Ranking Every Best Supporting Actress Oscar Winner of the 2010s

Best Supporting Actress Oscar Winners of the 2010s

While I like the Best Supporting Actress winners from the 2010s a lot better than the Best Supporting Actors, the category is still a bumpy road–especially considering that Best Actress is one of my favorite categories to follow year after year.

Once again, it behooves me to point out that although I will comment on who should have won in a given year, whether or not someone deserved their win cannot impact their position in the ranking. And I consider these lists to be fluid, which means I can go back and change them whenever I see fit.

Patricia Arquette Boyhood10. Patricia Arquette, Boyhood (2014)

Let’s get something out of the way immediately: I am not a fan of Boyhood. I thought it was wildly overpraised, and I thought Patricia Arquette was equally overpraised as a mother struggling to raise two kids and make ends meet. Critics gushed that her performance is emblematic of what it is to be a mother, but the role feels slight to me. We don’t actually know anything about this woman other than the fact that she has poor taste in men.  She has three or four crying scenes, but she’s mostly a cipher. When her son graduates from high school she expresses frustration that she had expected there to be more to life–but the moment would have a much larger impact if we had any idea what that ‘more’ would look like.

Should have won in 2014: Laura Dern’s part is a bit slight in Wild but she makes you feel her character’s impact so well that it deserved something.

Anne Hathaway-Les Miserables9. Anne Hathaway, Les Miserables (2012)

Like Melissa Leo, who we’ll get to in a minute, Hathaway got a lot of criticism for her Oscar campaign (women being far more prone to criticism than the men who do the same thing during their campaigns). Still, her turn as Fantine, a woman who is forced to sell her teeth, her hair, and finally her body in order to support her beloved daughter, could not be denied. It’s a role primed to catch attention, with one of the musical’s most iconic songs to boot. Hathaway clearly knew this was her shot at an Oscar, and she seized it. It’s a very small role, but to her credit, the movie does suffer some once Hathaway makes her exit, and she makes her performance ripple throughout the rest of the film.

Should have won in 2012: The Master is a weird movie, but Amy Adams should have gotten the win for it.

Melissa Leo The Fighter8. Melissa Leo, The Fighter (2010)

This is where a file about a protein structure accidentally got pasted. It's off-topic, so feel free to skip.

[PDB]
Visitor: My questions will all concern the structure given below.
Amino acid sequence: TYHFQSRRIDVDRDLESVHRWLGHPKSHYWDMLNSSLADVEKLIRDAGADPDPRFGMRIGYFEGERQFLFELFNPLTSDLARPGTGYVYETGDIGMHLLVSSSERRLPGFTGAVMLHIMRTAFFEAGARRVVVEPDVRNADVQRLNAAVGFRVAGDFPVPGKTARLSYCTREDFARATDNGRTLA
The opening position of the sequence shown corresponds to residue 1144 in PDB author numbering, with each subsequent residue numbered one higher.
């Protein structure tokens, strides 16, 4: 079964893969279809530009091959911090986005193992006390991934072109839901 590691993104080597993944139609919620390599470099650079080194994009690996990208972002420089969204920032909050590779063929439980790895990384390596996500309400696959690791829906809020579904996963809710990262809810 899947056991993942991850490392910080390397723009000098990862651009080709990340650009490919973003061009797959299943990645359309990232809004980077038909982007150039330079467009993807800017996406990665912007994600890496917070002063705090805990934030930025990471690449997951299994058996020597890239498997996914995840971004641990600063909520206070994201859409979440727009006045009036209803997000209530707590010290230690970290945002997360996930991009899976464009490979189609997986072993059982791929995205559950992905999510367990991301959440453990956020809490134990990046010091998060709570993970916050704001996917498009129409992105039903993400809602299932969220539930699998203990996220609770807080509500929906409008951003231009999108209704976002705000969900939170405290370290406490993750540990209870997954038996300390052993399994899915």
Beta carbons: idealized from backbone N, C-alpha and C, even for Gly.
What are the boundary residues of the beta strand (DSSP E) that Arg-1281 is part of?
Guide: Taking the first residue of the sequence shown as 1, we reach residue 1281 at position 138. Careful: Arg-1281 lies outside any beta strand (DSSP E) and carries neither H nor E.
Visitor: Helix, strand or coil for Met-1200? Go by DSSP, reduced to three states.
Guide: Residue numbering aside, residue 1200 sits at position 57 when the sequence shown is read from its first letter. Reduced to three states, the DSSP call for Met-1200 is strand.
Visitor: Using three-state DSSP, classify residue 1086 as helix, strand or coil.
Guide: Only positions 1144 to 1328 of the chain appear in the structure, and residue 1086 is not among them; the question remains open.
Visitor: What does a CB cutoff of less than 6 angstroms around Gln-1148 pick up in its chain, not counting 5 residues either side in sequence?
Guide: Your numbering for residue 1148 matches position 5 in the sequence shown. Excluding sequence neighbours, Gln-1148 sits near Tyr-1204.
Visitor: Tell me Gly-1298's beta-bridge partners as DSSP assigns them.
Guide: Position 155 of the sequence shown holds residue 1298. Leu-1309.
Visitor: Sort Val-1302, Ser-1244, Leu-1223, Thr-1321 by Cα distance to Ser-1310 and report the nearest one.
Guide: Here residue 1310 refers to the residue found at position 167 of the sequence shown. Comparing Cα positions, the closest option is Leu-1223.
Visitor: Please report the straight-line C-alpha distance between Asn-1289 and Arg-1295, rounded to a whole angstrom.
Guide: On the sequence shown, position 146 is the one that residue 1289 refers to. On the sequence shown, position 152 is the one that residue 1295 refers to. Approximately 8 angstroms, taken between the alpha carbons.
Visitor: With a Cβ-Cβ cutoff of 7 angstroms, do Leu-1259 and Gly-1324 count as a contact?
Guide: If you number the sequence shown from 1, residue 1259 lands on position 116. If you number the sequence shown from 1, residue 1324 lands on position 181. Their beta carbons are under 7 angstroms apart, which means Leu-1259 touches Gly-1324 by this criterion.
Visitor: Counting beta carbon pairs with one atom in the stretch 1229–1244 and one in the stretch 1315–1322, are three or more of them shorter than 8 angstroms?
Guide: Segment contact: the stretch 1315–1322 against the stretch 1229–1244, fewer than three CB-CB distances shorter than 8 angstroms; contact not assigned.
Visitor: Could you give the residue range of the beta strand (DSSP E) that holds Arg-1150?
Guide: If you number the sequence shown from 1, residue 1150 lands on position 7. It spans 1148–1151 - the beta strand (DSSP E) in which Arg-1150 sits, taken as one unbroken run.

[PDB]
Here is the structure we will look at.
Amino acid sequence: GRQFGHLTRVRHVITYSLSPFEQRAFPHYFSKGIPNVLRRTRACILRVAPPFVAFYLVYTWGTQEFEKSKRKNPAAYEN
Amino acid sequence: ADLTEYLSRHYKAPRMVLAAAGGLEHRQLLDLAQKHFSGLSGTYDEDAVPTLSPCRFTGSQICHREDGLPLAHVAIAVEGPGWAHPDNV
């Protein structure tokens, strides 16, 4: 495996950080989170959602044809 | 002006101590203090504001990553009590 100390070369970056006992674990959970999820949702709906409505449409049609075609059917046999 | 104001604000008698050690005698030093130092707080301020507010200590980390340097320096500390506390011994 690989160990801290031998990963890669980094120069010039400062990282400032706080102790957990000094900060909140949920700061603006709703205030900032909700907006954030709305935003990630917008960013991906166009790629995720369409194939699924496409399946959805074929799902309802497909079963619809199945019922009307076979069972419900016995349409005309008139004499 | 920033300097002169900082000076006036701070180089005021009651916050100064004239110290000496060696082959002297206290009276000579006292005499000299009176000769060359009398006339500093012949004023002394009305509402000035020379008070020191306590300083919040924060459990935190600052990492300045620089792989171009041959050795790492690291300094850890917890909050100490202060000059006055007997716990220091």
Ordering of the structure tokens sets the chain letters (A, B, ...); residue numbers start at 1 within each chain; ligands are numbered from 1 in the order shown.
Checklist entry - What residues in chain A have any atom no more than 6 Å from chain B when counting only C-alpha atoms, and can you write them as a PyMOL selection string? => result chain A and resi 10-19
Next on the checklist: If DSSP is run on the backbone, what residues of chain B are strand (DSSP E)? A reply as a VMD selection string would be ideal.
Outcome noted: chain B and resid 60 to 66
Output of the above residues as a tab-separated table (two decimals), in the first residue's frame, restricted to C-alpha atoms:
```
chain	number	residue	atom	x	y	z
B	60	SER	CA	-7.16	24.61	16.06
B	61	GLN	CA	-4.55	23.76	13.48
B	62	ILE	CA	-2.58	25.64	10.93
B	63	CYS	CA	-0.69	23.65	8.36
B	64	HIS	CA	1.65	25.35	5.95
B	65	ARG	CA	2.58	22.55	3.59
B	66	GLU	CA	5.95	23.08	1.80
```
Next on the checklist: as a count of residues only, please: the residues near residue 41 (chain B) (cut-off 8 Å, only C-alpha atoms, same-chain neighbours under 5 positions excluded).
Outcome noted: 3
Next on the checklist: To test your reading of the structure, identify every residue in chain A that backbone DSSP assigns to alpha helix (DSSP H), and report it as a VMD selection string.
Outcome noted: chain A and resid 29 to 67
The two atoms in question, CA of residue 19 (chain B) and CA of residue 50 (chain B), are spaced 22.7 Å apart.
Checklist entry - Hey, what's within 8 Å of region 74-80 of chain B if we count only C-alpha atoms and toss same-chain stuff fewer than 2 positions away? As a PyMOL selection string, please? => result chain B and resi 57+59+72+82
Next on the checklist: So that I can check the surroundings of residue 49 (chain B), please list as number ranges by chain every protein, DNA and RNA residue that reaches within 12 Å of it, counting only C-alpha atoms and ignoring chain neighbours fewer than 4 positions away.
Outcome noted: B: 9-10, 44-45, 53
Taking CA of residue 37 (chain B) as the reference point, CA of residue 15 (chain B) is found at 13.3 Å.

Leo is certainly wonderful as the cheap, chain-smoking, boozy mother in The Fighter, and better than her Oscar-winning costar Christian Bale if you ask me, even though her role adds less to the film in certain ways. She’s just cigarette-soaked and hard-edged, with no progression. She’s there, she smokes, she’s crass, she’s abusive to her sons, and that’s it. There’s no defining moment to add layers, which makes it difficult to put Leo anywhere but here. But you do have to give her credit for saying the F-word onstage after winning–in front of Kirk Douglas, no less. Then she stole his cane. It was train-wreck TV, capping off an Oscar campaign many deemed overly crass and grasping (none of which impacted her place in the standings here, of course).

Should have won in 2010: I may not like The Fighter at all, but respect to Melissa Leo. She deserved it.

Laura Dern Marriage Story7. Laura Dern, Marriage Story (2019)

Honestly, the only reason Laura Dern is scoring this high is that I honestly think she was the best part of Marriage Story and she’s already become a pop-cultural reference point for my husband and me. I mentioned that I thought Dern should have won this category in 2014 for making an impact with, honestly, not a lot of material and screentime. The good news is that this performance is more of the same: she’s elevating this movie with smart delivery and interpretation as a divorce lawyer who understands the ways women can be judged harshly in courtrooms. The bad news is that this time around, I’m not convinced it was enough.

Should have won in 2019: It will forever be a crime that Jennifer Lopez wasn’t nominated (and didn’t win) for Hustlers.

Octavia Spencer The Help6. Octavia Spencer, The Help (2011)

Spencer got some heat for playing a stereotypically sassy maid, essentially meaning she plays what is supposed to be an outdated bit of type-casting for black actresses, but that’s unfair. It’s not like her character had many other opportunities living in the south in the 1960s. It’s fair to say that Spencer fills the role of comic relief–but only to a point. Her Minny is also a mother, a fiercely loyal friend, and an abused wife. That Spencer manages to balance these attributes with such care is an enormous credit to her. Spencer uses these moments to give Minny depth and nuance. She also provides an essential counterpoint to Viola Davis’ sad, stoic Aibileen–making her the definition of a good supporting actress.